and Indonesia and then–Kansas.


Osama bin Laden’s team
may receive the best publicity of the killer groups. But his is only one of
a number and competition among them for attention and choice assignments is
surely not impossible. They have no capital city and no formal structure but
are everywhere. By definition, groups inhaling the gas of religion have a fertile
source for conflict, namely arguments about perfection and how to achieve it.
And it would not be the first time if innocent bystanders are dragged into struggles
and suffer from the skillful murderousness of trained owners of fine weapons.
This is to say nothing of what such temptestuous manipulations of religious
symbolism will mean for the stability of the arch-monarchies in the Gulf region.
Saudi Arabia, Kuwait, Bahrain, Qatar, Oman and the United Arab Emirates have
already formed, on Dec. 31, the Gulf Cooperation Council for military purposes.
But it is not clear how much of its activity will focus on the challenges to
authority from the elusive empire of Jihad or how easy it will be to separate
the religious fundamentalists supporting the system from those determined to
destroy it.


Meanwhile, back in Kansas
it has become clear that the world’s security situation has taken a sharp
turn for the really worse, because of these recent entrants to the battle for
truth and perfection. In late December the UN approved a joint U.S.-Russian
(!) resolution asking the Taliban please to hand over bin Laden or endure an
international embargo on their enthusiasm for armaments. The presidents of India
and Kazakhstan among others have stimulated efforts to create regional antiterrorist
alliances and 2001 will be marked by an intense effort to generate international
cooperation against shadowy enemies whose principal goal is to be enemies of
those they define as evil. And they are increasingly skilled and experienced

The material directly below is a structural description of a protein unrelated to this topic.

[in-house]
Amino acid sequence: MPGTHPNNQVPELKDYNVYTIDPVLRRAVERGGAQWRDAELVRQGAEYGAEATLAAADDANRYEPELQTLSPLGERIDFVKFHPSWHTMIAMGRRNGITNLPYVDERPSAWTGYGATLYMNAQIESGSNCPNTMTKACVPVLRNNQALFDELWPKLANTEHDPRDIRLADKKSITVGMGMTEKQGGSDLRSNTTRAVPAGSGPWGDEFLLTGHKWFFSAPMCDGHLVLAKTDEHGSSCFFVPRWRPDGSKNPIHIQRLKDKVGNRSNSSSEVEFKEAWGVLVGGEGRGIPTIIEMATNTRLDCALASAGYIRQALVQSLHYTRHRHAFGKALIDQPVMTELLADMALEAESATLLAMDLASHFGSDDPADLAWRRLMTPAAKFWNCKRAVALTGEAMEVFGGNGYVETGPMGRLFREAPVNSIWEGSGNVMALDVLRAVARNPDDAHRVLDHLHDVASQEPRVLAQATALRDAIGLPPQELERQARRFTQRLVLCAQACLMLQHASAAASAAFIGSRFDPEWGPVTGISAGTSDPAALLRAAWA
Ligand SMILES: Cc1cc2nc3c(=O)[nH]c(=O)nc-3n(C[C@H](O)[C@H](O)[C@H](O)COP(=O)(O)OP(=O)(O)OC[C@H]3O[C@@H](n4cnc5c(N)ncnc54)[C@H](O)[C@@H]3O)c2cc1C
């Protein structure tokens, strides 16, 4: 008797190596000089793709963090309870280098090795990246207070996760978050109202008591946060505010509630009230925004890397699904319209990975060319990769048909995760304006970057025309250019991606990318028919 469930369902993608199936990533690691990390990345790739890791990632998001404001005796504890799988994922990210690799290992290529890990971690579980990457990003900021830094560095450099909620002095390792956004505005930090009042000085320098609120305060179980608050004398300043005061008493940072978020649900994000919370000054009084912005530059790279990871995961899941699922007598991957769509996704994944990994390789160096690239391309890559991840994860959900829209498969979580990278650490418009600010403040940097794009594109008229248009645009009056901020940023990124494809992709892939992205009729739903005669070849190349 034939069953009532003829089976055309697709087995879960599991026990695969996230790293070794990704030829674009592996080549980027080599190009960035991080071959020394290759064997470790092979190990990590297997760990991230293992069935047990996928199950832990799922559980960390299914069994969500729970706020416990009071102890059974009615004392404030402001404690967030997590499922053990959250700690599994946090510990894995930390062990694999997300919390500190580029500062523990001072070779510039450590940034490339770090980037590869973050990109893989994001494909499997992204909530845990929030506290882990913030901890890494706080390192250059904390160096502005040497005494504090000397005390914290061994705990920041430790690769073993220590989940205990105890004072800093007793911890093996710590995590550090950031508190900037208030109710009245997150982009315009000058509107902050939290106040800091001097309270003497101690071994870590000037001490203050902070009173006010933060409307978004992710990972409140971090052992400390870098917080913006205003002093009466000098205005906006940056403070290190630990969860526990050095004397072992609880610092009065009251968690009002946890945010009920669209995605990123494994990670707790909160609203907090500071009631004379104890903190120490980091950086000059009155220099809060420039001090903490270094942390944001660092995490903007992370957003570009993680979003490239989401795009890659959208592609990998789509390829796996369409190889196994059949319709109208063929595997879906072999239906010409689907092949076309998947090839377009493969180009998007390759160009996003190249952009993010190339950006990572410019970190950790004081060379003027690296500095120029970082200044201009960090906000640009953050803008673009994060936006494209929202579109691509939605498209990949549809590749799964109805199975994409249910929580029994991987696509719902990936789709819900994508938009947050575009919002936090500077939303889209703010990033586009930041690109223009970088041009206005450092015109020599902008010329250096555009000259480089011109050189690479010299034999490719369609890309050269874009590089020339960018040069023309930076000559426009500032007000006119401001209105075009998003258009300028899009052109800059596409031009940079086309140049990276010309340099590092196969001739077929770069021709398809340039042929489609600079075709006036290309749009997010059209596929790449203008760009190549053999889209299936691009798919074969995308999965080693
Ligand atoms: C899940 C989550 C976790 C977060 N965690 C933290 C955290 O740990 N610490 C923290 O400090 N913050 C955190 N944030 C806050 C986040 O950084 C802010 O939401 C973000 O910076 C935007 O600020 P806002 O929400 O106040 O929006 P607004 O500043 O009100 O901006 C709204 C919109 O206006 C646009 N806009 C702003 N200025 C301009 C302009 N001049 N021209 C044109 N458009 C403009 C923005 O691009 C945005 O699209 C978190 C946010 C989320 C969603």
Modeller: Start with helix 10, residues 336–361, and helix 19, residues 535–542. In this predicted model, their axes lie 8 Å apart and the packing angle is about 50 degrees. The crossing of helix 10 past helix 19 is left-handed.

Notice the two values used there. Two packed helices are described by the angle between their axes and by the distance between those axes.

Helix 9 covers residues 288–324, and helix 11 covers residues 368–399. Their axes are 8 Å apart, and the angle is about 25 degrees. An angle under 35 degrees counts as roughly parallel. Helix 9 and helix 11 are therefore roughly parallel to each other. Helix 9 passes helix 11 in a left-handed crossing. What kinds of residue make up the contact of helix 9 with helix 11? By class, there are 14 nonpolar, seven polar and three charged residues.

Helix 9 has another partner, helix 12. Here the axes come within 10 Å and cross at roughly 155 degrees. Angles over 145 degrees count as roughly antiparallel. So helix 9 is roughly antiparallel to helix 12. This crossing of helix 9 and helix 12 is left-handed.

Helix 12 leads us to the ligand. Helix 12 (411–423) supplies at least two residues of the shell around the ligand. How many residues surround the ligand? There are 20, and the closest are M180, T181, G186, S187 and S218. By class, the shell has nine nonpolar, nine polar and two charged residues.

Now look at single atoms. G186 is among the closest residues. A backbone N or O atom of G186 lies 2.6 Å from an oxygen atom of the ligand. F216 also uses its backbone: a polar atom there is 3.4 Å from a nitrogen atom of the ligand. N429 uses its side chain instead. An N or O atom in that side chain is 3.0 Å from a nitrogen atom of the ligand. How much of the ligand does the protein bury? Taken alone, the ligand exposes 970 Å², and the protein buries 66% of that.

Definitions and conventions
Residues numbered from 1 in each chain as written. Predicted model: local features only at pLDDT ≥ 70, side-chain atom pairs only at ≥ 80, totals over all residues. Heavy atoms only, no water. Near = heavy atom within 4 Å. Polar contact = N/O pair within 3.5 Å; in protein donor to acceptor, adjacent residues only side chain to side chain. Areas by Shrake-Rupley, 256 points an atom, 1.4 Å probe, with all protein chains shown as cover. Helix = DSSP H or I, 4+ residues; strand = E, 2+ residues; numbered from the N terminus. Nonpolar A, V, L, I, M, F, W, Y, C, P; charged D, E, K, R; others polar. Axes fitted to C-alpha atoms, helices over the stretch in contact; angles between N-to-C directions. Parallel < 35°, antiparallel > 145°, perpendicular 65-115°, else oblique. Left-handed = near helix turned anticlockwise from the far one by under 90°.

and lethal.


That’s why the pious
politicians who so eagerly murmured about their fabulous rectitude during the
election should shut up about it. It is now becoming dangerous. Their theatrical
sanctimony may attract threats to us all.


It is all very well for
the conservative wing of the government-to-be to be thrilled by the granite
traditional beliefs of some Cabinet appointees and by the thought that at last
moral purity will sweep the land like a brisk spring wind from the North Atlantic.
In the stately alternation of U.S. government between secular lawyers and pious
deacons, it appears to be the turn of the latter group. That’s how the
system worked itself out.


But let’s not attract
the wrong kind of attention for unnecessary reasons of self-righteous sentimentality.
America has enough enemies because it is strong, rich, amusing, noisy, you can
buy cheese at midnight, drive for days without hitting water, adventurers pay
smugglers to sneak them into Arizona rather than Afghanistan. This truly bothers
people. Now that politicians have their votes and jobs and parking spaces, perhaps
they will leave off their theological musings because someone with a Kalashnikov
or Scud or anthrax cocktail and a headset tuned to his own line to divinity
may take dangerous offense.